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  1. Systematic review

    Evaluation Option

    A systematic review is a synthesis that takes a systematic approach to searching, assessing, extracting and synthesizing evidence from multiple studies. Meta-analysis, meta-ethnography and realist synthesis are different types of systematic review.

  2. Conducting Mixed Methods Research


    These YouTube videos feature Alan Bryman from the University of Leicester School of Management presenting at the University of Leicester Regional Summer School at Ft. Lauderdale. The lecture focuses on the use of a mixed methods approach when conducing research. It provides a step-by-step outline from writing research questions through to writing up mixed methods research.

  3. How to report on an evaluation


    This guide from MyM&E gives an overview of the different reporting processes and mediums that can be used for reporting on evaluations.  It also provides links to a number of manuals, guides, toolboxes, checklists and templates that can be used as part of the process.

  4. When the Data Struts its Stuff


    This article explores the use and potential of visual technology when representing data.

  5. Card Visualization

    Evaluation Option
    ATC beach 3 by Linda Frost

    Card visualization is a participatory option for capturing data. A card visualization session revolves around a brainstorming group which uses individual paper cards to express their thoughts about particular ideas or issues. These cards are then pinned to a board in front of the group for collective consideration, discussion, and agreement.

  6. Support use


    Following up on the agency response to evaluation findings is an essential part of supporting use. However, this is often a management responsibility rather than an evaluators. You can work with managers to provide a list of options for follow-up as part of the final report. Indeed, time should be built into the evaluation budget to account for support beyond report delivery. There are a range of options that can be used:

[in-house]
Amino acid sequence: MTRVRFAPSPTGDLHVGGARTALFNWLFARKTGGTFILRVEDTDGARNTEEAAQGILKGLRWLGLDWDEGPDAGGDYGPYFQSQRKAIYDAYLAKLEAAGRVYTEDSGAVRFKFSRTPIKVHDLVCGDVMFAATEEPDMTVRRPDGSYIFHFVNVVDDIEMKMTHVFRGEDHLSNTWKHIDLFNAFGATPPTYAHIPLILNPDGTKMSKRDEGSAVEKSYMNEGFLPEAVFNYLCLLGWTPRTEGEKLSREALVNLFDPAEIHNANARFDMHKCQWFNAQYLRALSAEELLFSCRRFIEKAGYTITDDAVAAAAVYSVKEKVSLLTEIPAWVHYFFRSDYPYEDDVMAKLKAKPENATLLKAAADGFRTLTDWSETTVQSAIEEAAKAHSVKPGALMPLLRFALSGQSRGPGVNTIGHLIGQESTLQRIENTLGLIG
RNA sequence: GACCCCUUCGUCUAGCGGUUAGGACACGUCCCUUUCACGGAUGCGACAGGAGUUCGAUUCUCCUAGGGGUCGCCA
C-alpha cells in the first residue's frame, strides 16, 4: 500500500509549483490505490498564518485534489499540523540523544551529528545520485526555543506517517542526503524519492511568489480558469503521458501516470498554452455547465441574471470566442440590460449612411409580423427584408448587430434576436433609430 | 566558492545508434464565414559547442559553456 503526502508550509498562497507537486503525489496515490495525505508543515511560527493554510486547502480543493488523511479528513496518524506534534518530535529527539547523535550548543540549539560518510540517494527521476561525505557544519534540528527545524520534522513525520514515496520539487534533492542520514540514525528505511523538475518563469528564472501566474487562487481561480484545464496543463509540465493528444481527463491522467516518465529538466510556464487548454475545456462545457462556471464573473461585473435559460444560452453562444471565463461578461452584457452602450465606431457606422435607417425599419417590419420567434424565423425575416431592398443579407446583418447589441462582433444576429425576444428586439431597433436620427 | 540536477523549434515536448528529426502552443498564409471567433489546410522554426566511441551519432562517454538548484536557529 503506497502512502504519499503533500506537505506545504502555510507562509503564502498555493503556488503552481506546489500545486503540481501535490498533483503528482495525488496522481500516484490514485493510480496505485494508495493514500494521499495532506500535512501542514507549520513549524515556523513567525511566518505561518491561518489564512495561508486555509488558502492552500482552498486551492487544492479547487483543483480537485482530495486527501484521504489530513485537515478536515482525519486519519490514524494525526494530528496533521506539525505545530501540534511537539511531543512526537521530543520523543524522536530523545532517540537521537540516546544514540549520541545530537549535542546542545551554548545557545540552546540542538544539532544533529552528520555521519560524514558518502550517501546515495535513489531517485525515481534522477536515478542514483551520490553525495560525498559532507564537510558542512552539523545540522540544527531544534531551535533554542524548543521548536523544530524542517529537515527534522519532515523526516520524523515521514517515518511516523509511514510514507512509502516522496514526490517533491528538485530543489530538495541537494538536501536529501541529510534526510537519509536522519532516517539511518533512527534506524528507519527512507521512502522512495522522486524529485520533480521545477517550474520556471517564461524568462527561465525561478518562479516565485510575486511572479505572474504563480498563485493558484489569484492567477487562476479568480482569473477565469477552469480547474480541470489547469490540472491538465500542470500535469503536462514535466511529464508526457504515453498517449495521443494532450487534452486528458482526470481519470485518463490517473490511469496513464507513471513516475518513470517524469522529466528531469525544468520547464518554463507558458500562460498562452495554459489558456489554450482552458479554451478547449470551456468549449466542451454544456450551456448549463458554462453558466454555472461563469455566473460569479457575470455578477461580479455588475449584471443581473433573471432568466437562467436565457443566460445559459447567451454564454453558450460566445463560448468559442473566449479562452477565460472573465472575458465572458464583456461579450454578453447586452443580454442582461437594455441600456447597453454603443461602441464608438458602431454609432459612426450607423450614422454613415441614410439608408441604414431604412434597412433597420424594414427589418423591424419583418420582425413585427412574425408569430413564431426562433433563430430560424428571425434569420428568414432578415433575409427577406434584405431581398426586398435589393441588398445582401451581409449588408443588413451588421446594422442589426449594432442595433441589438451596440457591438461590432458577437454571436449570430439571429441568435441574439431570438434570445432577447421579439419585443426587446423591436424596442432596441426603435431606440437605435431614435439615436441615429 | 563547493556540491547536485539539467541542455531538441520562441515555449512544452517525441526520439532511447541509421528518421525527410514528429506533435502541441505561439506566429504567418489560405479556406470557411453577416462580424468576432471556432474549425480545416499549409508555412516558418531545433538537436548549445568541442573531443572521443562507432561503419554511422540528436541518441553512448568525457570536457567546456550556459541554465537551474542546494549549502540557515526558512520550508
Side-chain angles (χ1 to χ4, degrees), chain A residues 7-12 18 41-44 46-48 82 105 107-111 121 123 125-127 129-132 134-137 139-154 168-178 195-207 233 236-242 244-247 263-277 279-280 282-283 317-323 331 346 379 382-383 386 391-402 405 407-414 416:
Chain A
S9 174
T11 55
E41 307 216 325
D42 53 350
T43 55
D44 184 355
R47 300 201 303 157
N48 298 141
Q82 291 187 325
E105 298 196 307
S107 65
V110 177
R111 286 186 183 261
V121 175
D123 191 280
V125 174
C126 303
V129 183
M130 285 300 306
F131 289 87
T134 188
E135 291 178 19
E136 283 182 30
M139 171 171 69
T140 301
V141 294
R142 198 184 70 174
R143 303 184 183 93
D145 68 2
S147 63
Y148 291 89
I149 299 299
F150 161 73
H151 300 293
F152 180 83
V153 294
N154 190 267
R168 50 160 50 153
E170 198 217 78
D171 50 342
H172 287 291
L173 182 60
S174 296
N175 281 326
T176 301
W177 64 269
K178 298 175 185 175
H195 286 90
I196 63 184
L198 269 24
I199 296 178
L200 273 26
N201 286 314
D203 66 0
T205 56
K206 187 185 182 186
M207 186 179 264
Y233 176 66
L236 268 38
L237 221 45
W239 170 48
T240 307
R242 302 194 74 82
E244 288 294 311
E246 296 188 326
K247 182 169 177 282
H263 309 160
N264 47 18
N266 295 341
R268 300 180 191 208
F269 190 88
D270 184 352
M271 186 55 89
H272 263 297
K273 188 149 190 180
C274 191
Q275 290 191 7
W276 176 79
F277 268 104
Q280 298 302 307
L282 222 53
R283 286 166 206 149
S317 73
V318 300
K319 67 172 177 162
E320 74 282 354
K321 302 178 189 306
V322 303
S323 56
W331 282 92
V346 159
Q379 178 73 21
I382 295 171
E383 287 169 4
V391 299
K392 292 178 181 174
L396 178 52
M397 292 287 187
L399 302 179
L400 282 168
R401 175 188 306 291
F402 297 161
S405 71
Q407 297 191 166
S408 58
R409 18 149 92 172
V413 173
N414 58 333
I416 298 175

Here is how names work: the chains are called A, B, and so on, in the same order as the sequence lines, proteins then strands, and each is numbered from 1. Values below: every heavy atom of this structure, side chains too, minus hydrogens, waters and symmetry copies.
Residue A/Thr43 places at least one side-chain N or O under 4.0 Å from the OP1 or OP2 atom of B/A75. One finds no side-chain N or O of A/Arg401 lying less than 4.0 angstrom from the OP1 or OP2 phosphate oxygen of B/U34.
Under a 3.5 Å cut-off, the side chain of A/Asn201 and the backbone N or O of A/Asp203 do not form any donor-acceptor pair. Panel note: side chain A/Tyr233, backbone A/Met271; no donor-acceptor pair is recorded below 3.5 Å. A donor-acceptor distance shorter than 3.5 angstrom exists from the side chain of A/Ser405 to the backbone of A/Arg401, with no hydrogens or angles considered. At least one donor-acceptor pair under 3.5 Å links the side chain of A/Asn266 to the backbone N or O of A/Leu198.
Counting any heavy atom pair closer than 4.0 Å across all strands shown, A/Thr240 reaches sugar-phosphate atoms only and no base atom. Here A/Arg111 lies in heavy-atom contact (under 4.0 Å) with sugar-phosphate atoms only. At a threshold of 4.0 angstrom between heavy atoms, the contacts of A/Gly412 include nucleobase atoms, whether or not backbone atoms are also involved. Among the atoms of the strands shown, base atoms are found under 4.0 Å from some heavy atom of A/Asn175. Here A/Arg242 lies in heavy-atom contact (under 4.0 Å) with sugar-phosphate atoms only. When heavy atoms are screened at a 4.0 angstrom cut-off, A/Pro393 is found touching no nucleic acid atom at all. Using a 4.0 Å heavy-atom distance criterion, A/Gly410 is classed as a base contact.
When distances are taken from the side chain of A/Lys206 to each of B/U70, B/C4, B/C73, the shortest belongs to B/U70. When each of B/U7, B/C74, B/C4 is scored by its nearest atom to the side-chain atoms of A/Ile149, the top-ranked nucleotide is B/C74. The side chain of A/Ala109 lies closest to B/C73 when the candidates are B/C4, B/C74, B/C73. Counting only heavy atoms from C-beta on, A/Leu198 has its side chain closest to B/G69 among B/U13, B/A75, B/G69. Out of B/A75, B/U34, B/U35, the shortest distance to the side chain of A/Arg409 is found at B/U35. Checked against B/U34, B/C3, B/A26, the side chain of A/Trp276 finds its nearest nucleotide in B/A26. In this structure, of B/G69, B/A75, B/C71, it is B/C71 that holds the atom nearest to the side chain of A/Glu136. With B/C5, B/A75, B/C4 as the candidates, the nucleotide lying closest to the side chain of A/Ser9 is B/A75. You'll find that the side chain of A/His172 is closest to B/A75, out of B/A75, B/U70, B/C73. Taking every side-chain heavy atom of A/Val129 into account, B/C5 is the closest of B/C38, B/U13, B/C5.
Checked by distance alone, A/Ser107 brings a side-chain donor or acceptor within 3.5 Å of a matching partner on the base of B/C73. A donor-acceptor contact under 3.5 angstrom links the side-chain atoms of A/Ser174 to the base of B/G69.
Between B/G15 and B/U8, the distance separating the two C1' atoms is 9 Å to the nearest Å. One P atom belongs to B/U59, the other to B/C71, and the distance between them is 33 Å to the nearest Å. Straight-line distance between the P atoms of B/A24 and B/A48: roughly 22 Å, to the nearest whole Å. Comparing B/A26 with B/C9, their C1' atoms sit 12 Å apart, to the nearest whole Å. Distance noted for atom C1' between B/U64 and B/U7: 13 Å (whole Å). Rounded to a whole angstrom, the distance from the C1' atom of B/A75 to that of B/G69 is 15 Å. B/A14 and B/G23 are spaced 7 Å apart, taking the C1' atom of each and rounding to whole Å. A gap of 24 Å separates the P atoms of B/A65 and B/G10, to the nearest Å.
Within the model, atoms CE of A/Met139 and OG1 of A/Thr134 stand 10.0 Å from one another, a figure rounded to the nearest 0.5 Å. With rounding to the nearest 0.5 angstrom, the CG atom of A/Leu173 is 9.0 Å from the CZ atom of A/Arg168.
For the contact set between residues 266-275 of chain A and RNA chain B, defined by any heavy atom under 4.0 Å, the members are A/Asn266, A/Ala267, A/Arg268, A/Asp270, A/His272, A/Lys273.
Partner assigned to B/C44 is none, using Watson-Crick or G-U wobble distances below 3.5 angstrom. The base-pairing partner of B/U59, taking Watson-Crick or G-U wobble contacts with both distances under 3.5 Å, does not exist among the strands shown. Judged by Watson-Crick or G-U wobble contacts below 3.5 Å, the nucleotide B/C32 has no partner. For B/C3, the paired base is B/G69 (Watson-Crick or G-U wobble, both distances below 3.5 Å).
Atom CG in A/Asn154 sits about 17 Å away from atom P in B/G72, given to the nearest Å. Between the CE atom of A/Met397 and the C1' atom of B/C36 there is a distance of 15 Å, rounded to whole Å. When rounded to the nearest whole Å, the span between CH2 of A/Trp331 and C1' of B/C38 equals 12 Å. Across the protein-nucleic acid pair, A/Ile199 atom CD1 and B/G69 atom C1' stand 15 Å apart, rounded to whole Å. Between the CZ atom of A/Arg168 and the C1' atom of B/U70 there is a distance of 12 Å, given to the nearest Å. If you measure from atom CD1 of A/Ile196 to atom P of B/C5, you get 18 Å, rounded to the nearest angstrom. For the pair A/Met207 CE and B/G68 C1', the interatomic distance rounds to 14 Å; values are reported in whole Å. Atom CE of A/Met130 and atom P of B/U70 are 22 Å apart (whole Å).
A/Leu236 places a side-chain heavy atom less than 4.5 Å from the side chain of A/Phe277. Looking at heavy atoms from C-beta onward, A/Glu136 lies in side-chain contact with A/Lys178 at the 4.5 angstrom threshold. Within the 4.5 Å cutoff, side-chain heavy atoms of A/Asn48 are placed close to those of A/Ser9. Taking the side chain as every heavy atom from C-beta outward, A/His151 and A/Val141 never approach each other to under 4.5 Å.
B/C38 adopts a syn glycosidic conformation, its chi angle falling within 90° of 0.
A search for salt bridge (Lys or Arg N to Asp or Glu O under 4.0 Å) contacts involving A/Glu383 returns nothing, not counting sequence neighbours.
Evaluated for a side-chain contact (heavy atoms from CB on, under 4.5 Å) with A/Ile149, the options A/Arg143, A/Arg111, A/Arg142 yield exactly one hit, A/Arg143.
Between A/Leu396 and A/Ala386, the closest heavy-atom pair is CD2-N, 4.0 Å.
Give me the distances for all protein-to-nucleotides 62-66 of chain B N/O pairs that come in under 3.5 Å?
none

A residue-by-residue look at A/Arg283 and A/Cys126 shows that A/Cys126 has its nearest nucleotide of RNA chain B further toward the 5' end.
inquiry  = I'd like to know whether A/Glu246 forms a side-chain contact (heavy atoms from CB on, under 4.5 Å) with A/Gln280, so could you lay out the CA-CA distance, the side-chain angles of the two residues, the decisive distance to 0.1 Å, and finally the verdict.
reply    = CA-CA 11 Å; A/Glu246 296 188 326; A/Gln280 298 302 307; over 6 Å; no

7. Design


    How do I design an evaluation?

    Many people skip immediately to considering data collection options when thinking about evaluation design. It is important that you begin by being clear about what the evaluation needs to do before choosing any option.

  8. Engage and Frame


    Who will use evaluation findings?

    List the specific people, in a specific position, in a specific organization who will use the evaluation findings and who have the capacity to effect change. These are the people who you will want to engage from the beginning of the evaluation process and the people who will assist in framing the evaluation. This list of people will be specific to each evaluation situation that you are engaged in.

  9. Describe FAQ


    How do I identify existing data that might be useful?

    There are many sources of existing data that may be useful to you in your evaluation. Consider the following sources of information:

  10. Understand Causes FAQ


    How do I know if the program caused the results I can see?

    Most evaluations need to investigate what is causing the outcomes and impacts of an intervention (some process evaluations assume that certain activities are contributing to intended outcomes without investigating these).